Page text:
PPEs – or personal protective equipment – are items worn by Health Care Workers (HCWs) when examining or caring for potentially contagious patients. They include masks, gloves, and gowns.
During the opening months of the 2009 pandemic, it became obvious that our world faced a shortage of PPEs, and so strategies were adopted to maximize their use.
In some cases nurses were issued only one N95 mask to be used for an entire 8 hour shift, and told to don it only when in direct contact with a potentially infected patient.
This, as you might imagine, raised concerns among HCWs that this strategy of reusing masks could expose them, and their patients, to the virus. That, and the decision to issue surgical masks instead of N95s, sparked protests across the country.
Unfortunately, there are differing opinions and gaps in our scientific knowledge regarding the relative effectiveness of N95 vs. surgical masks (something I’ve covered often, including here, here, and here) and on how long a virus may remain viable on inanimate objects (like masks & gloves).
Inanimate objects that can transfer infectious agents are called fomites, and the CDC’s (very) short answer on how long viruses can remain viable on these surfaces reads:
How long can human influenza viruses remain viable on inanimate items (such as books and doorknobs)?
Studies have shown that human influenza viruses generally can survive on surfaces for between 2 and 8 hours.
Today we’ve a new study that looks specifically at how long viruses may remain viable on PPEs. It appears in the Japanese journal Environmental Health and Preventative Medicine (Hat tip Tetano on FluTrackers).
Essentially, researchers inoculated various fomites (masks, gloves, gowns, wooden and steel desktops) with laboratory grown H1N1, and then tested the surfaces after 1, 8, and 24 hrs for the presence of the virus (HA titer & 50% tissue culture infective dose (TCID50)/mL were measured).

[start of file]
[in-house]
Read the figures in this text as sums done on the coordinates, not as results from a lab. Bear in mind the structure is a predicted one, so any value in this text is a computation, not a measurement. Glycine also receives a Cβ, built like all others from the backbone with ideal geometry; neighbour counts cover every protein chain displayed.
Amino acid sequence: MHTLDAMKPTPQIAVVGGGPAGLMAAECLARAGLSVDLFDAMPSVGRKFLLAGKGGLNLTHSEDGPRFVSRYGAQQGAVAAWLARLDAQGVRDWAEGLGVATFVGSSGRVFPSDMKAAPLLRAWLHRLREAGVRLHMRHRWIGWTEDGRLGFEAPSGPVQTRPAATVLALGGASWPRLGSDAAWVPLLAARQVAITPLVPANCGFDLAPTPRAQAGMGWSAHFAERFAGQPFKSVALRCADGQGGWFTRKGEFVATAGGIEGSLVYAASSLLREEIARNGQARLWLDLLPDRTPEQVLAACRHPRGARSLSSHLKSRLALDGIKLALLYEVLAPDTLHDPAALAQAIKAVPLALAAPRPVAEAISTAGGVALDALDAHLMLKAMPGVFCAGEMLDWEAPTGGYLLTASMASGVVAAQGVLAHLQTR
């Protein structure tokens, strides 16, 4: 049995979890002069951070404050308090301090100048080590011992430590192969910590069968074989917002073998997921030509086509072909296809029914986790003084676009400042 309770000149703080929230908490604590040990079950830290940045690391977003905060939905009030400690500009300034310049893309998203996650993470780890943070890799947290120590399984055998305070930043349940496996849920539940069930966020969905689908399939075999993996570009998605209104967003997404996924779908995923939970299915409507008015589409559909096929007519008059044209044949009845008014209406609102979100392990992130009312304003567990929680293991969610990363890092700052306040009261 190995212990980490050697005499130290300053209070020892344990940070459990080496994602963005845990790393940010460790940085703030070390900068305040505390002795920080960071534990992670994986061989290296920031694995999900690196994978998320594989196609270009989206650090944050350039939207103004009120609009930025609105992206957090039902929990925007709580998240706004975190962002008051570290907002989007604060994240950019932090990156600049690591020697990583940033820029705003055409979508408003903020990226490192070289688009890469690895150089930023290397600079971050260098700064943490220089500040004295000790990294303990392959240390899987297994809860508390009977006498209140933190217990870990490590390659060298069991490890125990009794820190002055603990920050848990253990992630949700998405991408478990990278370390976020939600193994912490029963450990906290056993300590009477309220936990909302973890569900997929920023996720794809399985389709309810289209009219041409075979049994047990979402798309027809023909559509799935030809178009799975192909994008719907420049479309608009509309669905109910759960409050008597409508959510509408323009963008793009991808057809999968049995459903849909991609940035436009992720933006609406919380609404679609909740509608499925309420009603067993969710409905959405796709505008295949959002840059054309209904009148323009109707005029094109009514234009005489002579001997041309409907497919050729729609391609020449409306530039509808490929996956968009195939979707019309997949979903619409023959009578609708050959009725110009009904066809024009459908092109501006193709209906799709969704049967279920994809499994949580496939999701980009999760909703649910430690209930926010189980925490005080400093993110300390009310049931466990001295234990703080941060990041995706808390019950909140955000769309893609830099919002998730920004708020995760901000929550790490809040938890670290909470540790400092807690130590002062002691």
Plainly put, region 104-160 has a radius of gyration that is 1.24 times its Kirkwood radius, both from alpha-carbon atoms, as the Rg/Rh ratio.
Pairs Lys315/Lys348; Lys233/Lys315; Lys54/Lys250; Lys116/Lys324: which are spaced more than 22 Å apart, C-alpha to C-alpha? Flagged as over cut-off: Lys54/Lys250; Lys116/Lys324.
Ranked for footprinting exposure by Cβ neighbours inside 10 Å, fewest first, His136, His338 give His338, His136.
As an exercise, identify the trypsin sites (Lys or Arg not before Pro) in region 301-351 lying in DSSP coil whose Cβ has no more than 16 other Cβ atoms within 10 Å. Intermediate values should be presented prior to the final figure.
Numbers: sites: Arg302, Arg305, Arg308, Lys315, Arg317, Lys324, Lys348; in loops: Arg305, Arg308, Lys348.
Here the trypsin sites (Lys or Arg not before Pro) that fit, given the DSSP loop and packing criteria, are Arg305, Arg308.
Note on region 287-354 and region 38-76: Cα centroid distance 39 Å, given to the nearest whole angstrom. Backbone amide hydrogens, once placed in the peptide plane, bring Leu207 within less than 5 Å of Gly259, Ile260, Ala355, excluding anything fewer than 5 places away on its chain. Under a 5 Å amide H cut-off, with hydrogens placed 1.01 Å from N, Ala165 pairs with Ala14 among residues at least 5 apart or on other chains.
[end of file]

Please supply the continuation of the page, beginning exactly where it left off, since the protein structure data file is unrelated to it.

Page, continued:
Volume 15, Number 6, 344-349, DOI: 10.1007/s12199-010-0149-y
Maintenance of influenza virus infectivity on the surfaces of personal protective equipment and clothing used in healthcare settings
Hiroko Sakaguchi, Koji Wada, Jitsuo Kajioka, Mayumi Watanabe, Ryuichi Nakano, Tatsuko Hirose, Hiroshi Ohta and Yoshiharu Aizawa
The HA titer of this influenza A virus did not decrease in any of the materials tested even after 24 h. The infectivity of influenza A virus measured by TCID50 was maintained for 8 h on the surface of all materials, with the exception of the rubber glove for which virus infectivity was maintained for 24 h.
Our results indicate that the replacement/renewal of personal protective equipment and clothing by healthcare professionals in cases of exposure to secretions and droplets containing viruses spread by patients is an appropriate procedure to prevent cross-infection.
TCID50 is the amount of a pathogenic agent (in this case the H1N1 virus) required to infect 50% of cell cultures inoculated.
The results indicate that all surfaces tested harbored viable H1N1 viruses for at least 8 hours, with some surfaces infectious for more than 24 hours.
These test results extend the window of infectivity from fomites considerably beyond what has previously been reported.
The debate over the proper use of PPEs, and just how protective they really are, is a contentious one.
During a highly virulent disease outbreak, getting the science right (and applying it) could save a lot of lives. We were very lucky that the CFR (case fatality ratio) of the 2009 pandemic was as low as it was.
Last January the IOM (Institute of Medicine) released, through the National Academies Press, an extensive, 200+ page update on the use of PPEs (personal protective equipment) for healthcare workers when facing pandemic influenza and other viral respiratory illnesses.
The short version is, we need better science upon which to make decisions regarding the right kind of protection for HCWs.
While this study from the EHPM won’t close the book on fomite transmission - it does add to our knowledge of the subject – and it shows us just how hearty influenza viruses can be, even outside of a host.
For more on the debate over PPEs you may wish to review: